Literary Analysis Final of “The Sniper” Why do we fight wars in a place we live? “The Sniper” Is a short story of him fighting in his hometown. He is on a roof in his street, it is dark out he is fighting another sniper and when he kills him he finds out his own brother. “The Sniper” by Liam O'Flaherty shows us you shouldn't fight in a war of that is in your hometown you can kill relatives or other people, fearing person hurt you in many ways this is one. The theme is first introduced when you shouldn't fight in a town that you have been or live in.
Crane describes the soldier as desperate for something to drink. This is confirmed whenever he decides that he is going to take the risk of crossing the battlefield to fill up his canteen. Stephen Crane uses his opinion that people go to war and fight, but nothing changes afterwards, and puts it into this story. People are also desperate enough to fulfill their need to be on the battlefield; that they are willing to put their lives at risk, which Crane sees as idiotic. People are injured and die, and families are torn apart because of war, for the end result to be the same.
The fear of death got so intense that men ultimately thought death was the only way to escape. Death wasn’t only feared in a scared way, sometimes it was in a way that made men evil, Mitchell Sanders tells Alpha Company a story of a man who fled from his platoon to go and sleep with a Red Cross nurse only to return days later, excited more than ever about being back in combat because everything else was to peaceful and he wanted to hurt people again. Nightmares are feared by many people in society today but we have a way to escape and still live our lives. What happens when you live in your nightmare like every man in Vietnam did, not knowing when or how death was going to come for you, and knowing the only way of escaping that hell was to kill whatever stood in your way, to be wounded severely, or to give up life
His own army executes him as a warning to soldiers who might do the same thing if faced by extreme hunger. In the end, Sam ends up getting shot by a Patriot, who is on the same side as him. My favorite part of the book is when Sam steals his father’s gun to use as a weapon during battles because he is brave and because he really doesn’t care about what his dad has to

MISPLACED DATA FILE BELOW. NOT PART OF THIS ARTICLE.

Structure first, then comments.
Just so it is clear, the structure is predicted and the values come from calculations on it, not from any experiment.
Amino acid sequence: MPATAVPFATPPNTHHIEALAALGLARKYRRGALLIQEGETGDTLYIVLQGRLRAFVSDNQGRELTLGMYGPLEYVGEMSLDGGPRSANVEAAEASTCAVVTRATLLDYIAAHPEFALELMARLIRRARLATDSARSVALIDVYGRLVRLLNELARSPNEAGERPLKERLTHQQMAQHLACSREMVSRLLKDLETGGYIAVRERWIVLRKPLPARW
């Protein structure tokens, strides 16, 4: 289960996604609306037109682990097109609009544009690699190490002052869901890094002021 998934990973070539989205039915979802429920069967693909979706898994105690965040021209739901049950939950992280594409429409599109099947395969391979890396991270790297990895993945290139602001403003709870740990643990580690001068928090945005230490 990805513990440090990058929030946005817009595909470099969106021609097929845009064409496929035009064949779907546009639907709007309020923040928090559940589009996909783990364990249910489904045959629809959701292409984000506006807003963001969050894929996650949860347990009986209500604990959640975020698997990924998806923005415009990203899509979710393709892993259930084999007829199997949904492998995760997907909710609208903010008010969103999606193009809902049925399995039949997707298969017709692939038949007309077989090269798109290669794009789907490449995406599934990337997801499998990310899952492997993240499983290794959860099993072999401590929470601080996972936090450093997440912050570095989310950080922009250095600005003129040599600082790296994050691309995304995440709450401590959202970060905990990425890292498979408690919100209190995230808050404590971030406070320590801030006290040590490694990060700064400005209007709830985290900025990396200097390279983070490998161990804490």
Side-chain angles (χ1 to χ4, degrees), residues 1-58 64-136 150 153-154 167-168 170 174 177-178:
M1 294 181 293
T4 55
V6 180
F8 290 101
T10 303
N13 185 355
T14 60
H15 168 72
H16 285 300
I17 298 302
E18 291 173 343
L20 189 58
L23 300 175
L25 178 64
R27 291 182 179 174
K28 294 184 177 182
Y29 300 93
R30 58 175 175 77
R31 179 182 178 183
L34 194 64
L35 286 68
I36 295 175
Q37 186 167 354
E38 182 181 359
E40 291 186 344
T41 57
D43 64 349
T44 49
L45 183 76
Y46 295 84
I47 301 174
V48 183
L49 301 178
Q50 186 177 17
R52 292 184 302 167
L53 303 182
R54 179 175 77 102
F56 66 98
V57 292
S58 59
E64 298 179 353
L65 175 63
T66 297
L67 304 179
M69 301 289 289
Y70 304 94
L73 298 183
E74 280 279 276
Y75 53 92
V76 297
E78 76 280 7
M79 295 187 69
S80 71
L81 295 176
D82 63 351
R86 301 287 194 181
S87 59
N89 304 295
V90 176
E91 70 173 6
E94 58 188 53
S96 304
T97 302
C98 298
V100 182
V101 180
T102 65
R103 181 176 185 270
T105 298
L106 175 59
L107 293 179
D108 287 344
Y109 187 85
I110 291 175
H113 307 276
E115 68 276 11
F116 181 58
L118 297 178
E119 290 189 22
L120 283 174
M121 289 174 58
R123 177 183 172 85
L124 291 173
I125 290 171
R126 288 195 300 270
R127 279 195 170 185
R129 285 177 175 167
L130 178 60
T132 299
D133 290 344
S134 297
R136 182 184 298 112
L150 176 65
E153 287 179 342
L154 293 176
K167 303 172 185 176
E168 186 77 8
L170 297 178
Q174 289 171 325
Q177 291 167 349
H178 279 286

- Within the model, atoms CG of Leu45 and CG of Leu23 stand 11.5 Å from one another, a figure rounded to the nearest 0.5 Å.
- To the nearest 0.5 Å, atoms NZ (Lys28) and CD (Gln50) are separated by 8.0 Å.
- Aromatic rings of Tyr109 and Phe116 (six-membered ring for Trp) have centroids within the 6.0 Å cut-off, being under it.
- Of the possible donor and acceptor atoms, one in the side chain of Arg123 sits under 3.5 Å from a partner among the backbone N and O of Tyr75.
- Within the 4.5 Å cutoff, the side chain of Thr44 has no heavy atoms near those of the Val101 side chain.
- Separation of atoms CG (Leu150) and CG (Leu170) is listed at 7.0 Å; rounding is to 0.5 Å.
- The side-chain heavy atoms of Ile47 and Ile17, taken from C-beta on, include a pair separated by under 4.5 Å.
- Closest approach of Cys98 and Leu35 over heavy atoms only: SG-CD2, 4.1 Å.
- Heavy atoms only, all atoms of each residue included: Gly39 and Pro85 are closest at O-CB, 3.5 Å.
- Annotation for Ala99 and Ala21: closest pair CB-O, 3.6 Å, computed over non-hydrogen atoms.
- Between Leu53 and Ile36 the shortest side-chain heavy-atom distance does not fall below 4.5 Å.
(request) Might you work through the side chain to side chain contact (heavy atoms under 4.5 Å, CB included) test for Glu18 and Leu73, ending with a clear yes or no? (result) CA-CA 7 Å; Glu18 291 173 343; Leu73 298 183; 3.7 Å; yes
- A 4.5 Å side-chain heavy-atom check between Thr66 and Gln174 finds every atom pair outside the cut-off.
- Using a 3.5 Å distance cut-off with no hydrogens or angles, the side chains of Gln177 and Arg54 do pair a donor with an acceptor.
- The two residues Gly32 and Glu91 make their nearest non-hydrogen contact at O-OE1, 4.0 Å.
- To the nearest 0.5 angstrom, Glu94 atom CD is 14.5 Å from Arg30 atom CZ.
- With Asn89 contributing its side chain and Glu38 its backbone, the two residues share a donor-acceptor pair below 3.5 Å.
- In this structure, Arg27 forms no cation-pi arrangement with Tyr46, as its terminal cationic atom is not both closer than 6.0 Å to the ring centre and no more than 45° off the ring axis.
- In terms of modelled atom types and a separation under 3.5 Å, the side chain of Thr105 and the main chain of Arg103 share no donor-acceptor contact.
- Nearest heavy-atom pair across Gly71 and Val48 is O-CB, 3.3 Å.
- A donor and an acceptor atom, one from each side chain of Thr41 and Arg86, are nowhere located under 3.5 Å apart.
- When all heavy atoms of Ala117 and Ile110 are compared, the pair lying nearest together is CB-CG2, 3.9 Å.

Could you imagine living in a world where you were in constant fear of being bombed, your brother was killed in battle and your best friend was taken away? It may seem harsh, but that’s exactly what happened in Carolyn Reeder’s historical fiction book, Foster’s War. In this book Foster’s brother, Mel, was killed in battle and Foster’s best friend, a Japanese, was taken to a concentration camp. On top of all that, Foster and the town he lives in, is in constant fear of being bombed, due to the fact that there are many aircraft manufacturers nearby. I believe that love can be broken, but not forgotten, because people can lose their loved ones or their relationship with them, but still remember the love that they once shared.
Frustrated with the ongoing war in Iraq, a young American Soldier, Private Victor Rush, decides to confront his superior commanders after seen members of his own unit executing illegal operations, just to find closed doors. Young and naive, Rush is lured to join one of the legion branches operating around Europe. For five years, Rush conducts countless missions to eliminate government and military officers around Europe. During every mission, a significant number of innocent civilians died by his lethal assassin methods. Tired of the lies and collateral damages, Rush decides to expose them to the world by revealing their most secret artifact in their possession.
In A Long Way Gone by Ishmael Beah, Beah is an adolescent whose innocence is stripped away at the hands of war. At the age of 13, Beah is forced to fight in the war in order to survive, or give up his battle and die. As a result, Beah ultimately decides to join the war. The harsh violence that Beah is exposed to strips him of his innocence and leaves him helpless and alone with his mind keeping him awake at night trying to unsee the cruelness he has been exposed to. Beah utilizes flashbacks, symbolism, and nature motifs in order to address the loss of his innocence throughout the novel.